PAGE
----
Love for Sale: Pop Music in America by David Hajdu, Farrar, Straus and Giroux, 307 pages, $27.
No, this is not just a standard history of “Pop Music in America.” This is a very personal and utterly wonderful book about the subject by the music critic of The Nation and the man who wrote the magisterial “Lush Life: A Biography of Billy Strayhorn,” and the indispensable “The Ten Cent Plague: The Great Comic Book Scare and How It Changed America” and “Positively Fourth Street: The Lives and Times of Joan Baez, Bob Dylan, Mimi Baez Farina and Richard Farina.”
Here, for instance, is Hajdu interviewing one of his first subjects, folk legend Dave Van Ronk, upon whose couch Bob Dylan slept when he was first starting out. Van Ronk poured Captain Morgan over his ice cream while they listened to something from James Taylor’s third album. “Van Ronk coughed up a laugh. Von Ronk both laughed and coughed freely and the sounds were indistinguishable. He listened to the music on the radio for a minute and said ‘Bobby has a lot to answer for.” Hajdu observed Dylan’s music had more “fire” than Taylor to which Van Ronk replied “It’s hard to start a fire without the right equipment. ... Bobby makes it look too easy.”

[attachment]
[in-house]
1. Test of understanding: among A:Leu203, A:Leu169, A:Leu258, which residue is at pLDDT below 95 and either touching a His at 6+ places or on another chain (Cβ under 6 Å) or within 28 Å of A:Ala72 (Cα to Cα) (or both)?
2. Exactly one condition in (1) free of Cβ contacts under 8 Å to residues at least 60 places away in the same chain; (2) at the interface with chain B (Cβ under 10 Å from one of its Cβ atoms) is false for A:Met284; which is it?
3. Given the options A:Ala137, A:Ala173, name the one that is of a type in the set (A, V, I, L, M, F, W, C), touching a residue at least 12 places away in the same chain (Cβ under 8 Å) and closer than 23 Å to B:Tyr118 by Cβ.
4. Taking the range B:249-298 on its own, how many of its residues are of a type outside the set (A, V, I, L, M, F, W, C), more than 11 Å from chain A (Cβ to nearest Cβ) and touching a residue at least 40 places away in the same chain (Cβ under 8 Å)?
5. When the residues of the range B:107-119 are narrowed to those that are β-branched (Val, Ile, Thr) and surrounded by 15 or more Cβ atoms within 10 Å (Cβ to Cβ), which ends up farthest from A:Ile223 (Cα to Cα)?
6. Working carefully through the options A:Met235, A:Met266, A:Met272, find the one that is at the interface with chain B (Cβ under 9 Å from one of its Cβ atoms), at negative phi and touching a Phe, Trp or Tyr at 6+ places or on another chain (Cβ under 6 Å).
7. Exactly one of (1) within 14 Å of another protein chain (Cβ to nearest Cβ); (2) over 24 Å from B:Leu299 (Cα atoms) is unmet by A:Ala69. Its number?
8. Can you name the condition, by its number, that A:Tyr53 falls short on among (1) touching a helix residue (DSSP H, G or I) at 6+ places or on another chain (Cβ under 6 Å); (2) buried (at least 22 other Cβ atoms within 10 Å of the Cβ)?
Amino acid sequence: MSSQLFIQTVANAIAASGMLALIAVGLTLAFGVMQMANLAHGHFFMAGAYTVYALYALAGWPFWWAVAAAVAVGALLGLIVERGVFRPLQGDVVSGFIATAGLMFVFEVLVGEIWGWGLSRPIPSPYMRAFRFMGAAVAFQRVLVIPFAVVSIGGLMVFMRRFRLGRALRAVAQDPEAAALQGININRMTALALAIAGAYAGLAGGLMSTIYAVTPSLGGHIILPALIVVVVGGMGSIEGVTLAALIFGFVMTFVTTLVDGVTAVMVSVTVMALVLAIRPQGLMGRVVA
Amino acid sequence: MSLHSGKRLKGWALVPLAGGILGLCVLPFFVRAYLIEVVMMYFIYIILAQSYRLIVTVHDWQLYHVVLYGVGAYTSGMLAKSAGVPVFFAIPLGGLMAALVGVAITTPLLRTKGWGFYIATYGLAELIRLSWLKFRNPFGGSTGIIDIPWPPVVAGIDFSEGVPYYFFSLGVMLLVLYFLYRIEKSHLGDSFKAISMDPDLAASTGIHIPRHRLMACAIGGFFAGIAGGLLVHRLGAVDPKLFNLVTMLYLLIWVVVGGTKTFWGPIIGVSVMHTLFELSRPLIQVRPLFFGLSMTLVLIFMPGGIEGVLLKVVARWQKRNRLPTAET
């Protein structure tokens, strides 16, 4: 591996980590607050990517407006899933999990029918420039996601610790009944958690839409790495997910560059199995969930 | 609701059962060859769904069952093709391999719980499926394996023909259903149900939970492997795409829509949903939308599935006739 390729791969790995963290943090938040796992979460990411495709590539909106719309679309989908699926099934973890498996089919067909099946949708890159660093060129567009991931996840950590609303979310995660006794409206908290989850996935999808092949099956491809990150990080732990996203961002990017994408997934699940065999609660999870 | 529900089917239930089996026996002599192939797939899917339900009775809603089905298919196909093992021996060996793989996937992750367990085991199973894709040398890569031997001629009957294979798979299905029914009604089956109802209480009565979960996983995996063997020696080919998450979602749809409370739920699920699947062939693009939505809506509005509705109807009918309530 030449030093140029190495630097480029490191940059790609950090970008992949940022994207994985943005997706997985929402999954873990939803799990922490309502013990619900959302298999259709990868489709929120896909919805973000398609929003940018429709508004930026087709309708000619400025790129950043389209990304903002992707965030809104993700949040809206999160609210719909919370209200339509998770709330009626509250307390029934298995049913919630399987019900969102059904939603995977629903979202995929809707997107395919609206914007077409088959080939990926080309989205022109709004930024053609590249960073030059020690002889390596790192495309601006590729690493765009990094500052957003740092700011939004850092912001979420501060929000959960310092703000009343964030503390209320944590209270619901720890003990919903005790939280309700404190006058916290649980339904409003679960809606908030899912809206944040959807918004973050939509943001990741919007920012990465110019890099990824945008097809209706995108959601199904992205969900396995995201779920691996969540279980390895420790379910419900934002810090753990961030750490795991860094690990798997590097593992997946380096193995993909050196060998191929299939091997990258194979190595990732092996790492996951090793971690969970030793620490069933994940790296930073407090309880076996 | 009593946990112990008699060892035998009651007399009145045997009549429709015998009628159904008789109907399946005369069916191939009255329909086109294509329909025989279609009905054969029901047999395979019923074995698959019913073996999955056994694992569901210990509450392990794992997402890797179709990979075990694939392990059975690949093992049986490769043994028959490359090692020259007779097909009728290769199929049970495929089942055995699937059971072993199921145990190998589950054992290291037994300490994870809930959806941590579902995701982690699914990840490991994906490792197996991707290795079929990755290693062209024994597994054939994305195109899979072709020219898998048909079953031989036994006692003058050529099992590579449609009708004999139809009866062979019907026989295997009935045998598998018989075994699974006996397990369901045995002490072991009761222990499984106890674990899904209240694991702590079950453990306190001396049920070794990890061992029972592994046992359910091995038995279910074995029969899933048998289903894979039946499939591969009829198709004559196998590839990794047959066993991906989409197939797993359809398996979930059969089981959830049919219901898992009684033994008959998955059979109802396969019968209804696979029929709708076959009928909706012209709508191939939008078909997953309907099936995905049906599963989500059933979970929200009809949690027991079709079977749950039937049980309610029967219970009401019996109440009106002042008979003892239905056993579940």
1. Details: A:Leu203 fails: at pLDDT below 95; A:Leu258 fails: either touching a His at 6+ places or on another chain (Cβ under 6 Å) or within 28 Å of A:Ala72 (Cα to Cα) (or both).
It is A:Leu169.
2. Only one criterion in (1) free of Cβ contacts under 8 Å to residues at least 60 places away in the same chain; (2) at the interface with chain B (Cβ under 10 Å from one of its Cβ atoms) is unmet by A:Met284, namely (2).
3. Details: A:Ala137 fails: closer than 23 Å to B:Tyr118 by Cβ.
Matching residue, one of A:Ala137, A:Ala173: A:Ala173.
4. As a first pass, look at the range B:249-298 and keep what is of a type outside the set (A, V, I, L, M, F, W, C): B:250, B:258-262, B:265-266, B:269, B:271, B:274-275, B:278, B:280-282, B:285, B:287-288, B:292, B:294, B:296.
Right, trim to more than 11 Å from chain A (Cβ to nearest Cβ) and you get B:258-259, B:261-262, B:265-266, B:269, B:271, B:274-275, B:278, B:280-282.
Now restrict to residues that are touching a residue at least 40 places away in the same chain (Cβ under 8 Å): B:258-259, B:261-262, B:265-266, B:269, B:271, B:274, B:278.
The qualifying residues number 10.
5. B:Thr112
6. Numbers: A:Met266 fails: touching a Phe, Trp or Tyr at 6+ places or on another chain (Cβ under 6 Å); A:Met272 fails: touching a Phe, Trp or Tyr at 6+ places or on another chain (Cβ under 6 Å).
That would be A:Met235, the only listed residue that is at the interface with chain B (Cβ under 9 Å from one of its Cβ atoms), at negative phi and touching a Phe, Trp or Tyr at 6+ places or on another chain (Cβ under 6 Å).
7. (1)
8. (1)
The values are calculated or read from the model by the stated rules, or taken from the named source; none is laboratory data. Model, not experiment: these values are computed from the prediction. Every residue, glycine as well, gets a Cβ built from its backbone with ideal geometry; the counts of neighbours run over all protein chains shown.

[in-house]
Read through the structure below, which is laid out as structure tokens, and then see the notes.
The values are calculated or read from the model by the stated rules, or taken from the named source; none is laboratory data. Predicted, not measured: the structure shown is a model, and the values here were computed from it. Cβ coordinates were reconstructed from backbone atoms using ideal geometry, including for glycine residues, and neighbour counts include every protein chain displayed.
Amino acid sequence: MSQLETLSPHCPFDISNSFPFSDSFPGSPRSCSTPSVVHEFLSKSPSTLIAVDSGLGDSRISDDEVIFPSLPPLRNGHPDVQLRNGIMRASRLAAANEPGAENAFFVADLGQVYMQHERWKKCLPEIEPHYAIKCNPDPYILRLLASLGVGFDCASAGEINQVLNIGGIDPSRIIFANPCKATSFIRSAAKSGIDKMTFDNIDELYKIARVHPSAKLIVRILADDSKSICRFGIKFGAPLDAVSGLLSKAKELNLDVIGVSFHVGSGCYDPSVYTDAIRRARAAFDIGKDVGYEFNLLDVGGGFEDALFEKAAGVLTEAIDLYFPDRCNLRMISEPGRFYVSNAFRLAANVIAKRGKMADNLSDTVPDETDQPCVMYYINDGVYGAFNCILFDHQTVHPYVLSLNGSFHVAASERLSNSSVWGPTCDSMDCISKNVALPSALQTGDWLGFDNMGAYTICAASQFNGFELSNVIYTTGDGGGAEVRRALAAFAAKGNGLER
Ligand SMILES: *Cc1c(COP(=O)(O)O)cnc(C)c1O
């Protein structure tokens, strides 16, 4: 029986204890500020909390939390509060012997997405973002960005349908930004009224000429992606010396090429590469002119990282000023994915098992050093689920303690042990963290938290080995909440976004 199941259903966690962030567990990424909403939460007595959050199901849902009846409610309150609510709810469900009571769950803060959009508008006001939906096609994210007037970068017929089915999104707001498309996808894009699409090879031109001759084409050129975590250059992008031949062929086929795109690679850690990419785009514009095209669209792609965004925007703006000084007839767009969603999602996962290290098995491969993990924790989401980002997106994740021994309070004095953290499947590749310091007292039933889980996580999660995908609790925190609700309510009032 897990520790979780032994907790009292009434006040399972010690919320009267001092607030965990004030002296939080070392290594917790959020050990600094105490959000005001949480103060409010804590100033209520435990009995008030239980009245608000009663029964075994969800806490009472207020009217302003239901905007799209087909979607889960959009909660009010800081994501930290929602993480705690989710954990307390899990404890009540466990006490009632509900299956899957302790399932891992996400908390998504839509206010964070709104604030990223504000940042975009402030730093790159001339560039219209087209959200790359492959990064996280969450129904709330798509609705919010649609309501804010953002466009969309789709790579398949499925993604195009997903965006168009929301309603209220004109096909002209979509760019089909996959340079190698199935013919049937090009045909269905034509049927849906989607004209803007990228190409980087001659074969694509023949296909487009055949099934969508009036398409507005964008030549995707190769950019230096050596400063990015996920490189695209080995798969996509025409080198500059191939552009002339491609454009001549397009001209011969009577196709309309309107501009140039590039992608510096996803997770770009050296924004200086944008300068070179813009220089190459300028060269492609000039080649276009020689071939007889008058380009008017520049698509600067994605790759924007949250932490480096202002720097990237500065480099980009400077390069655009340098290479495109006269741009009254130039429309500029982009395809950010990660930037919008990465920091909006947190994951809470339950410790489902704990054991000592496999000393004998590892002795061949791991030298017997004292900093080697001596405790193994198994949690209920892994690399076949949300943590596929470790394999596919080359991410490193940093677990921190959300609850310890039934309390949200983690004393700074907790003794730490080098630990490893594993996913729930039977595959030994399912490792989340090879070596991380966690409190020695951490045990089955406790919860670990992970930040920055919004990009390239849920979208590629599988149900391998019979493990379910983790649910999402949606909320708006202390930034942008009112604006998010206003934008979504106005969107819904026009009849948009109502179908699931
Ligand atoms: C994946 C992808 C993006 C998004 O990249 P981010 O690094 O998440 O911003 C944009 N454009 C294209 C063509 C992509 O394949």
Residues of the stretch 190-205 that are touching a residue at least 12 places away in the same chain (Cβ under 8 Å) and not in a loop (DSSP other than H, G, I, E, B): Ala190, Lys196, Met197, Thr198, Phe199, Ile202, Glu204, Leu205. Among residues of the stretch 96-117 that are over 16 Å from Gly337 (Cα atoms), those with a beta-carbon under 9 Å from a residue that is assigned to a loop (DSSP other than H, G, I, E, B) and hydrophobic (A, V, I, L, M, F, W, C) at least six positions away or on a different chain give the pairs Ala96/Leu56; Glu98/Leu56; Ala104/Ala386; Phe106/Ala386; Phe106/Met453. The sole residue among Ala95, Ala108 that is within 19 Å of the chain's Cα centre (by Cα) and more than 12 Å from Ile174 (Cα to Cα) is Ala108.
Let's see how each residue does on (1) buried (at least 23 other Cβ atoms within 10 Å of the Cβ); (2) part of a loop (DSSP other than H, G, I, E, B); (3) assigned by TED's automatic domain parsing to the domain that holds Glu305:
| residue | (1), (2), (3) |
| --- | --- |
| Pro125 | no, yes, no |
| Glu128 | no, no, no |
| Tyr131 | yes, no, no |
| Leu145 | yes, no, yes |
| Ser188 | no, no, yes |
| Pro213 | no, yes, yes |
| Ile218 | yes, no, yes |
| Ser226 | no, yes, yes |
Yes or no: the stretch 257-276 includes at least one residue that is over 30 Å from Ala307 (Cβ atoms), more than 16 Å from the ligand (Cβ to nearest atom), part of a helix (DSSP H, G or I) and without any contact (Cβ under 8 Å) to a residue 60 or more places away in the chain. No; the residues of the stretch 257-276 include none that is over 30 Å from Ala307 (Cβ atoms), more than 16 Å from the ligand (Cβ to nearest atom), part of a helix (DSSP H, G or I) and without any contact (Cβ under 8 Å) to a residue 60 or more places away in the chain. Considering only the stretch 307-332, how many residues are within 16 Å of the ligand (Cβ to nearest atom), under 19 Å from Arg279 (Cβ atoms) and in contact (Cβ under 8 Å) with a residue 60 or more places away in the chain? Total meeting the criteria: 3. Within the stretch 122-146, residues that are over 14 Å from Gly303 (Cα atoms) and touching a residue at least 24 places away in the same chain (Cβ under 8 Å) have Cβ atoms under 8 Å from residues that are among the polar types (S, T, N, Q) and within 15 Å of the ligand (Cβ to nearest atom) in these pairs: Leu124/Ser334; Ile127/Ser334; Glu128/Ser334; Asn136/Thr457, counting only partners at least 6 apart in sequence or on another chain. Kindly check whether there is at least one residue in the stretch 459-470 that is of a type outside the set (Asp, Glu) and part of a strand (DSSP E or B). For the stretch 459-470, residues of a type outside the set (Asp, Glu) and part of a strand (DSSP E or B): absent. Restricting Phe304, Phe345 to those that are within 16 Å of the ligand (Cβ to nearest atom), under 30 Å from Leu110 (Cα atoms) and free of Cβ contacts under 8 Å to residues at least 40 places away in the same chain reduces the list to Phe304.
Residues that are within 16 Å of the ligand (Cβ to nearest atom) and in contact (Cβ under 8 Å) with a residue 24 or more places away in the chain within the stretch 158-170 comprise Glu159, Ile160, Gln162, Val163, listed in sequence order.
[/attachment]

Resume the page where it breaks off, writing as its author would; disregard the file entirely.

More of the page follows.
Try this on for size: After his Strayhorn book appeared, Lena Horne called on Hajdu to help with a new record she was briefly coming out of semiretirement to make. She opted for “We’ll Be Together Again” over “I’ll Never Smile Again” because she thought that Sinatra’s version of the latter was definitive. “Joking, with a big wink implied, she called the young Sinatra ‘a better woman’ than she.” Here is a critic capable of saying that Elvis Presley was “At least as deserving of coronation as ‘The King of Rock and Roll’ as Benny Goodman had been to be called ‘The King of Swing’.
Both were much more qualified for their kingships than Irving Berlin had deserved to be promoted as ‘The Ragtime King.’ Presley made brilliant rock and roll and Goodman played first-rate swing” but Berlin wrote “Alexander’s Ragtime Band” not ragtime. It’s as idiosyncratic and vehemently personal a book as it is reliable, readable and enduringly important. One of the year’s best music books, along with Ratliff’s “Every Song Ever.”